• Schools and parents need to commit to the development of the whole child/person—the intellectual, social, emotional and physical growth. Focusing too much on one part of a child’s development at the expense of the other parts undermines a child’s development and compromises helping a child become the person they are meant to be.
  • The best teachers come in a wide variety of shapes and sizes. Often they are in the formal role of teacher, advisor or coach, but sometimes they are not. Age is not a determiner or predictor of great teaching—I have learned countless lessons from the students in my classes, those I have advised and those I have coached.
  • Modeling matters, caring matters and people matter. Students learn by observation and example. The older I get the more convinced I am that students become who they are, in large part, by whom they see and observe, and what they see and observe. The best schools are places where students are cared for and the adults—faculty, staff and parents—are cared for as well.
  • The best schools have people at the center—not program or facilities.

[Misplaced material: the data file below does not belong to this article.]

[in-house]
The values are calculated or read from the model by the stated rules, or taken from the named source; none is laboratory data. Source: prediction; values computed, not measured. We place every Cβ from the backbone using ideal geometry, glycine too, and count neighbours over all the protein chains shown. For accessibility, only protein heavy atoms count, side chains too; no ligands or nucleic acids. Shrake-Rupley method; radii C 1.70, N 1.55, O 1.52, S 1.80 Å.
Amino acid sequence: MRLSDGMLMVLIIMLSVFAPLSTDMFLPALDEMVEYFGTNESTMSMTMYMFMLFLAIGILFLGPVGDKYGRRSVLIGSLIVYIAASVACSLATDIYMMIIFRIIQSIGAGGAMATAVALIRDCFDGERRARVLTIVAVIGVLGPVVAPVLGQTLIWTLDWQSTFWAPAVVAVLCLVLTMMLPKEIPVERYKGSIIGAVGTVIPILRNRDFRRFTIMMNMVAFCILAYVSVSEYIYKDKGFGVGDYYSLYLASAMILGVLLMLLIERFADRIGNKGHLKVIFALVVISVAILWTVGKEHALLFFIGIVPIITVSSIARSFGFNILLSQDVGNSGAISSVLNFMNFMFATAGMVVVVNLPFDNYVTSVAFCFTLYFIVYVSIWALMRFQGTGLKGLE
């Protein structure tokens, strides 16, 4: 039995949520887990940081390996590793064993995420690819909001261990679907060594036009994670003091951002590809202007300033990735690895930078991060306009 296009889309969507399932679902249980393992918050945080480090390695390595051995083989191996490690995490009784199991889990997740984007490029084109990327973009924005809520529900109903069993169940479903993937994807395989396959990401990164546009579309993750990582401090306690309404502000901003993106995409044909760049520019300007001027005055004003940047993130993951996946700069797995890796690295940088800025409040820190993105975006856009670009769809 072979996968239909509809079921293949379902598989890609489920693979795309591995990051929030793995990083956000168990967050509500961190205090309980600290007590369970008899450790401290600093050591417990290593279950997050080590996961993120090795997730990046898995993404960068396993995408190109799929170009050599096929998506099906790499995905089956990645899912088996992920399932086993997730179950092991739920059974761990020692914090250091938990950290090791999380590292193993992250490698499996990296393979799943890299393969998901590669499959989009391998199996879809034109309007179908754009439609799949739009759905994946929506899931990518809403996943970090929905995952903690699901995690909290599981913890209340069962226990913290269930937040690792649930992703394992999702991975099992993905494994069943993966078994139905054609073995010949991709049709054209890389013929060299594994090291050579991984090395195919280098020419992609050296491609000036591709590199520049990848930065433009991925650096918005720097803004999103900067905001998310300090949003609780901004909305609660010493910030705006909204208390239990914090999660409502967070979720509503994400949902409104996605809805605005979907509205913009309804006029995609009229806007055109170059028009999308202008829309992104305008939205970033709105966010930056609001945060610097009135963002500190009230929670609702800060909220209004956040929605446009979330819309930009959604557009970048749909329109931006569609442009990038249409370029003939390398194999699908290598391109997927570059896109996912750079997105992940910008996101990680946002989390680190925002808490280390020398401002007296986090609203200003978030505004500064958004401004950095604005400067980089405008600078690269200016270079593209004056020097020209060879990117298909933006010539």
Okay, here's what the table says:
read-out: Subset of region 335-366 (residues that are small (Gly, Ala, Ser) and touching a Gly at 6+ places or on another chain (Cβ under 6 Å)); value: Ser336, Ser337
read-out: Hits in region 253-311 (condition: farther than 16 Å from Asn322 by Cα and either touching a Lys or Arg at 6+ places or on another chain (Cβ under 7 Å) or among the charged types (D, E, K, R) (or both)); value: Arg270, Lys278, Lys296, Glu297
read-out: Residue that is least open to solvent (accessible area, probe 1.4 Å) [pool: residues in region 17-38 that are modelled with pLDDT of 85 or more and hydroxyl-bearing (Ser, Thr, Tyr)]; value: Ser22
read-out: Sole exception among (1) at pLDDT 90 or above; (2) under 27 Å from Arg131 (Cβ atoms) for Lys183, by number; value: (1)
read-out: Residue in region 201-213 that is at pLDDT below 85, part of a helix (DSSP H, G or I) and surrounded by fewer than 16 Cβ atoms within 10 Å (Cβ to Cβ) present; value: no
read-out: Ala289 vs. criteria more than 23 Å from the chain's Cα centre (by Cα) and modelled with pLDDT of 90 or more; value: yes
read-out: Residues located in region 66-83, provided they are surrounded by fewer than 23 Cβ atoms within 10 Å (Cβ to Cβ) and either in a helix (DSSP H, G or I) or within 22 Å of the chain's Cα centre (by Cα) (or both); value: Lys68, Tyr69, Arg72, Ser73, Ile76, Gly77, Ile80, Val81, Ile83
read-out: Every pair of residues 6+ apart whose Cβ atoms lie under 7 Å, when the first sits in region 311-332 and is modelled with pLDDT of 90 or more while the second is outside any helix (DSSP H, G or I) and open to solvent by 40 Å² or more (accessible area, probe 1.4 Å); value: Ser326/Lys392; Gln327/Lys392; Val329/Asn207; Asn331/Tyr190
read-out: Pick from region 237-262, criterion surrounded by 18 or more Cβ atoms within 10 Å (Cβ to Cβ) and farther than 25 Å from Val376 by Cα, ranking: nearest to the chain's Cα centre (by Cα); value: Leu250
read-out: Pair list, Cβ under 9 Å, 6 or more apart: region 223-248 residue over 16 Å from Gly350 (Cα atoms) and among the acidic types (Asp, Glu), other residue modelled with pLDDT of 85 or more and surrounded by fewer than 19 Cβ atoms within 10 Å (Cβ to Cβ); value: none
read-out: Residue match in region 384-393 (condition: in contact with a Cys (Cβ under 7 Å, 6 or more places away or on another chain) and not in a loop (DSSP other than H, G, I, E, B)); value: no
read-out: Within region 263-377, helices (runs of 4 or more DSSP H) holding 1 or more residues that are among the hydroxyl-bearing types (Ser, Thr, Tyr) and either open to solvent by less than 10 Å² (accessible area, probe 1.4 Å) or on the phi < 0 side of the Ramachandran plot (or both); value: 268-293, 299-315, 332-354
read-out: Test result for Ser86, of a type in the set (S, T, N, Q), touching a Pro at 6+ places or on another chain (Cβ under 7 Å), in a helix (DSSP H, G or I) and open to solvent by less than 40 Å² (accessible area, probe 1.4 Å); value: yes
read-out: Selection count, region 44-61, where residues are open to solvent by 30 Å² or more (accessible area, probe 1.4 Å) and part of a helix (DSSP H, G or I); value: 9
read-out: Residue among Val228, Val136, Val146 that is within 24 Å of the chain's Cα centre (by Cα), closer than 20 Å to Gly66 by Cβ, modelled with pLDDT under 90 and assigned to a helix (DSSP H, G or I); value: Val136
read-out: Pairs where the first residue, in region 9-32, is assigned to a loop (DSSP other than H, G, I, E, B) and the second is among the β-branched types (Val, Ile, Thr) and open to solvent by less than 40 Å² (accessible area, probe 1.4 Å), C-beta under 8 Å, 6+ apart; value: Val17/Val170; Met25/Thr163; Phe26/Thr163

• Finally, as I have often quoted, success in schools and parenting is bound to follow if we remember, “It begins and ends with the students and children in mind.”

Wisdom is, in fact, critical to schools and, more importantly, to a well-lived life. With each year I have spent in schools, I have become more convinced that wisdom can be gained from thinking and listening, from sifting through issues and learning from one’s experience.

As North Shore students—and faculty/staff and parents—head into summer mode and with it, hopefully, a shift of gears and change of pace, it is my wish that thinking, listening, dreaming and examining are a part of each person’s day. For as I leave my role as Head of School and shift gears to other pursuits, I know I have much to learn and much wisdom to gain.

 

Thank you.